So once again, this blog is about raising awareness for reducing packaging. Plastic pipes don’t get thrown out right after setting them up, tram seats don’t get thrown out after the first ride, plastic boxes transport more than one portion of bread, medicine is something healthy people don’t take everyday and all those who have to take it everyday don’t have other choices. And this is what this blog is about: choice. Sometimes I don’t have one. If I do, I try to make the right one. Everyone has to find out which choice is the right one for them. But this is the right one for me. Sorry this had to be said again – Official end of my rant 🙂

What else?

By the way, to all my German or German speaking friends: There is a documentary about plastic packaging on ZDF at 22:45 tonight. It’s called ”Abgepackt und eingeschweißt”.

Lesson learned: I’m sticking with it!

The panda eyes issue

Cleaning up the beauty bag

I never wanted to look like a plastic barbie, but I like using a bit of eye make-up and cosmetics. And I definitely don’t want to walk around with stinky, greasy hair and smelly armpits. So what to do? My first visit at my favourite (and probably all German girls’ favourite) cosmetics and toiletry chain turned out to be a zero-money-spending activity. Apart from bath gels, hand soaps and massage oils, which I could use instead of bodylotion, I couldn’t find anything that would be of use to me at that moment – I was in desperate need of shampoo and tooth paste!

After a bit of thinking I found two solutions to my problems:

… the lazy one: Not washing my hair anymore and going all ”natural“. No, joking aside, I thought of going to a place that sells all kinds of soaps. I was amazed about the variety of things you can find there – shampoo soaps, bath soaps, bodylotion soaps, deodorant soaps, facial cleaner soaps and even toothpaste soaps. I saw that sort of stuff in organic supermarkets, big chains shops like Lush and also in eco-friendly online shops. As happy as I am about having more options than I thought, I do have to say it’s not exactly the cheapest solution to my problem. This makes me move on to…

Proudly presenting.... shampoo soap!

Proudly presenting…. shampoo soap!

… the more time consuming, but cheaper option: Making cosmetics myself (No, I don’t mean like Tyler Durden in Fight Club). I was thinking of ingredients that wouldn’t require me to go through the bins of plastic surgeons. So here’s what I learnt so far:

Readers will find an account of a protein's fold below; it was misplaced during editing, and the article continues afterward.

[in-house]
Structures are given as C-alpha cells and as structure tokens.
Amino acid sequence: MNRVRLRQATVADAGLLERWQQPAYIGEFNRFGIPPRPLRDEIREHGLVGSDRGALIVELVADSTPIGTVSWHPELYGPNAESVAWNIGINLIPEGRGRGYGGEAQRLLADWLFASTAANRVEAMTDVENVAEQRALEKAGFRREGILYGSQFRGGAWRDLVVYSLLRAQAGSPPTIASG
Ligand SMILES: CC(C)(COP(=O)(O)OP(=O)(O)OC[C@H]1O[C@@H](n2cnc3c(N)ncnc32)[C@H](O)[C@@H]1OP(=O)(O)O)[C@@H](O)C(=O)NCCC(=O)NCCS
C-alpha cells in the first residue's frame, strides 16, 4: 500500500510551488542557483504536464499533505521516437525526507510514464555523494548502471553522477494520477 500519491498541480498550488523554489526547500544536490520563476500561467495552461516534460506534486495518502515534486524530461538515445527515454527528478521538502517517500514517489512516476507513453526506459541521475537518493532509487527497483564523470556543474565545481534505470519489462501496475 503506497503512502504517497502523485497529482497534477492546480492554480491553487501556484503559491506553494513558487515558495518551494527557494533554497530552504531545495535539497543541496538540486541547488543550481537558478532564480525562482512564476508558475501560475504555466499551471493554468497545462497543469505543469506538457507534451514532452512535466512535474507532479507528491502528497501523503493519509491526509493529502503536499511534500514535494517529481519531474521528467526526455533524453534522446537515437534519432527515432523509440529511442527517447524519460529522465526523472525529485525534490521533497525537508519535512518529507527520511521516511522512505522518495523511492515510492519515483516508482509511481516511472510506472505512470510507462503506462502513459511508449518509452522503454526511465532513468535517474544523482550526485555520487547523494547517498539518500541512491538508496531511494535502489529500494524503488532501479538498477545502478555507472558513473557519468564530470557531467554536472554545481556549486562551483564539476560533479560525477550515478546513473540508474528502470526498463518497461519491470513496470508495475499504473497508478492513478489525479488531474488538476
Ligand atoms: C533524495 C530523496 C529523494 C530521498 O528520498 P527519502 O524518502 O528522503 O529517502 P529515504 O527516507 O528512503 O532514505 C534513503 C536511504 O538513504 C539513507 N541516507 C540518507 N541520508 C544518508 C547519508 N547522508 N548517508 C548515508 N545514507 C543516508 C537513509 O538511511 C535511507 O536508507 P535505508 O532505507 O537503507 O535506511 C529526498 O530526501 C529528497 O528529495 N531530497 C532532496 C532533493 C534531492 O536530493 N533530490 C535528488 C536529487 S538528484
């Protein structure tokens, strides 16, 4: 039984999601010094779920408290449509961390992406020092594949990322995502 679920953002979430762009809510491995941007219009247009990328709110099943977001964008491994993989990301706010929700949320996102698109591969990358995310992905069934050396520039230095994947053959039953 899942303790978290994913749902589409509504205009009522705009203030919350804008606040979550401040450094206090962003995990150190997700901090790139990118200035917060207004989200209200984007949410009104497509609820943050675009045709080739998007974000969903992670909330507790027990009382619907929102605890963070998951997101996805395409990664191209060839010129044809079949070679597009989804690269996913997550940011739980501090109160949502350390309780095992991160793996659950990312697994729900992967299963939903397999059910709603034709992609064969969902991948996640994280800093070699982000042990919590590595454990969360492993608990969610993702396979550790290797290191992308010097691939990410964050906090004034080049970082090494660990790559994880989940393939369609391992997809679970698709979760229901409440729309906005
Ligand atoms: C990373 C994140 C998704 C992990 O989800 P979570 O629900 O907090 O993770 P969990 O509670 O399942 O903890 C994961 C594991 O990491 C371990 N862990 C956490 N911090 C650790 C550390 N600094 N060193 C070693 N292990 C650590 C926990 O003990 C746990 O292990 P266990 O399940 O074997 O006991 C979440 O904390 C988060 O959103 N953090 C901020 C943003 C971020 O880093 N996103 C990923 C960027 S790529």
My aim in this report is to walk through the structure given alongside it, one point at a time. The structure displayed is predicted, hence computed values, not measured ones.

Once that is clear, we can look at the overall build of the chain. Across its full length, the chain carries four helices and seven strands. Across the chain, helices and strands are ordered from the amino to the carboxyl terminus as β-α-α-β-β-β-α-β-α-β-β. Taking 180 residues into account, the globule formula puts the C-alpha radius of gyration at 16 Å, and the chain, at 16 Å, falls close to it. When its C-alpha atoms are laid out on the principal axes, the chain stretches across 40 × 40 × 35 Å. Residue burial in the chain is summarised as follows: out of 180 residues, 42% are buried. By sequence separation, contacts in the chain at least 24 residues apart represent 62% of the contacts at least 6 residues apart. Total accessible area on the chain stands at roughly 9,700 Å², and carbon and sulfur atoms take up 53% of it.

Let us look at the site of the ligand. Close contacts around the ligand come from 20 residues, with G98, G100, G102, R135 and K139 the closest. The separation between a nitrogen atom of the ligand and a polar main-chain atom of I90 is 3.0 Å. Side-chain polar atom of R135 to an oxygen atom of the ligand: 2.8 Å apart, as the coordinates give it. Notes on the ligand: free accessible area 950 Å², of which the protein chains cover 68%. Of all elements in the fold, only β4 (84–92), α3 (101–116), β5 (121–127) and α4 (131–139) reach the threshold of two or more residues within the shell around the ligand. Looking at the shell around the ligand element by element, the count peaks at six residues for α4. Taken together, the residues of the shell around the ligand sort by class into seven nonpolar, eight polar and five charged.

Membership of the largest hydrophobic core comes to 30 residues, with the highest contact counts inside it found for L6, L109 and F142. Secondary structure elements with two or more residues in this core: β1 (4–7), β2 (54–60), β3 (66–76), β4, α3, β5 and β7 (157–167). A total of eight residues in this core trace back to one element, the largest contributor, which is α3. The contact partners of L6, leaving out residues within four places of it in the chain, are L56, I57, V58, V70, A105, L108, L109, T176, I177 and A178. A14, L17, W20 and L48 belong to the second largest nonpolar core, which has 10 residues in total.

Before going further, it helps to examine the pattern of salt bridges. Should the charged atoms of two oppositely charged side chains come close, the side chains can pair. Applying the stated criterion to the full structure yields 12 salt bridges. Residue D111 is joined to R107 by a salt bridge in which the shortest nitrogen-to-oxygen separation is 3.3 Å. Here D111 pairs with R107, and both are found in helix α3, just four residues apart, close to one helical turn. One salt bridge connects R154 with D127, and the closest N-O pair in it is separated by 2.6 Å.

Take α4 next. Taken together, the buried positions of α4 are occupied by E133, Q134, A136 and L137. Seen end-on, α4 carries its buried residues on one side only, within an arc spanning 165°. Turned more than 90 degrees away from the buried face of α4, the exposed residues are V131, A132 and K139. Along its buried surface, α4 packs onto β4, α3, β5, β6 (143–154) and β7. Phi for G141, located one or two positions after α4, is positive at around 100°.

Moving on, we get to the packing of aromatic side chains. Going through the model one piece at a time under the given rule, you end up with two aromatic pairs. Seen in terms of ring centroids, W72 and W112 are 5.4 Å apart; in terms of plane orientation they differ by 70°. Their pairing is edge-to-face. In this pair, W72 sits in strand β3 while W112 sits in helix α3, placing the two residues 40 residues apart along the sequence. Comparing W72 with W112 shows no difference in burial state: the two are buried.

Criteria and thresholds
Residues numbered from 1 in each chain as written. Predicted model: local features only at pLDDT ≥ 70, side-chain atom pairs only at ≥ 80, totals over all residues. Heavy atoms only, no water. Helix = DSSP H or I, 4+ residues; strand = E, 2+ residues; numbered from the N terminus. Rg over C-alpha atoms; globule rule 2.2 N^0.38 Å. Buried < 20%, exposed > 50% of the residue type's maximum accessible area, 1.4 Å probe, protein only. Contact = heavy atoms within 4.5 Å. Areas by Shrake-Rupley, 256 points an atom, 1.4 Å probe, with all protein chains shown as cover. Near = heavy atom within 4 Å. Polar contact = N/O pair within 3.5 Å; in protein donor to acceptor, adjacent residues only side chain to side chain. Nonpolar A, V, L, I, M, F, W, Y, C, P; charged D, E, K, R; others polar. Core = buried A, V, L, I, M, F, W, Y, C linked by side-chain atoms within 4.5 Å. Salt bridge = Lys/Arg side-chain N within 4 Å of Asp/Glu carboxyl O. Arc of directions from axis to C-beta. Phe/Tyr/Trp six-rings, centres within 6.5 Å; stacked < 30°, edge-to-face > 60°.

• Olive oil and sugar make a great body scrub.
  •  Cucumber slices don’t only help the puffy eyes of TV beauties.
  •  Honey makes my lips all smooth. Yum!
  •  Listen, boys: Beer works as a conditioner, natron as a shampoo.
  •  Lemon juice helps brighten finger nails and yoghurt makes a great base for a facial.

I could go on and on about this, as there are so many beauty products I can replace with ingredients I’ve got at home anyway.

Feedback, anyone?

You probably wonder if my homemade army of cosmetics works just as well as the chemical stuff I used before or if I turned into a with. Well, yes and no. I’ve been using honey for a long time, so I already knew I would definitely like it. The olive oil scrub, a method one of my friends showed me when I was a teenager, is also an awesome alternative to using conventional scrubs. Yoghurt for facial treatments is great as well. And the old cucumber trick has already worked for my nan and all the still smooth-looking ladies in her generation. I’m just not happy with the hair solution yet. Believe it or not, I just don’t like the smell of beer in the morning. And I also find it hard to spread that natron-stuff in my hair. On top of that it seems like it leaves a weird layer on my hair. So I decided to go for shampoo soap, which works just as well as liquid shampoo.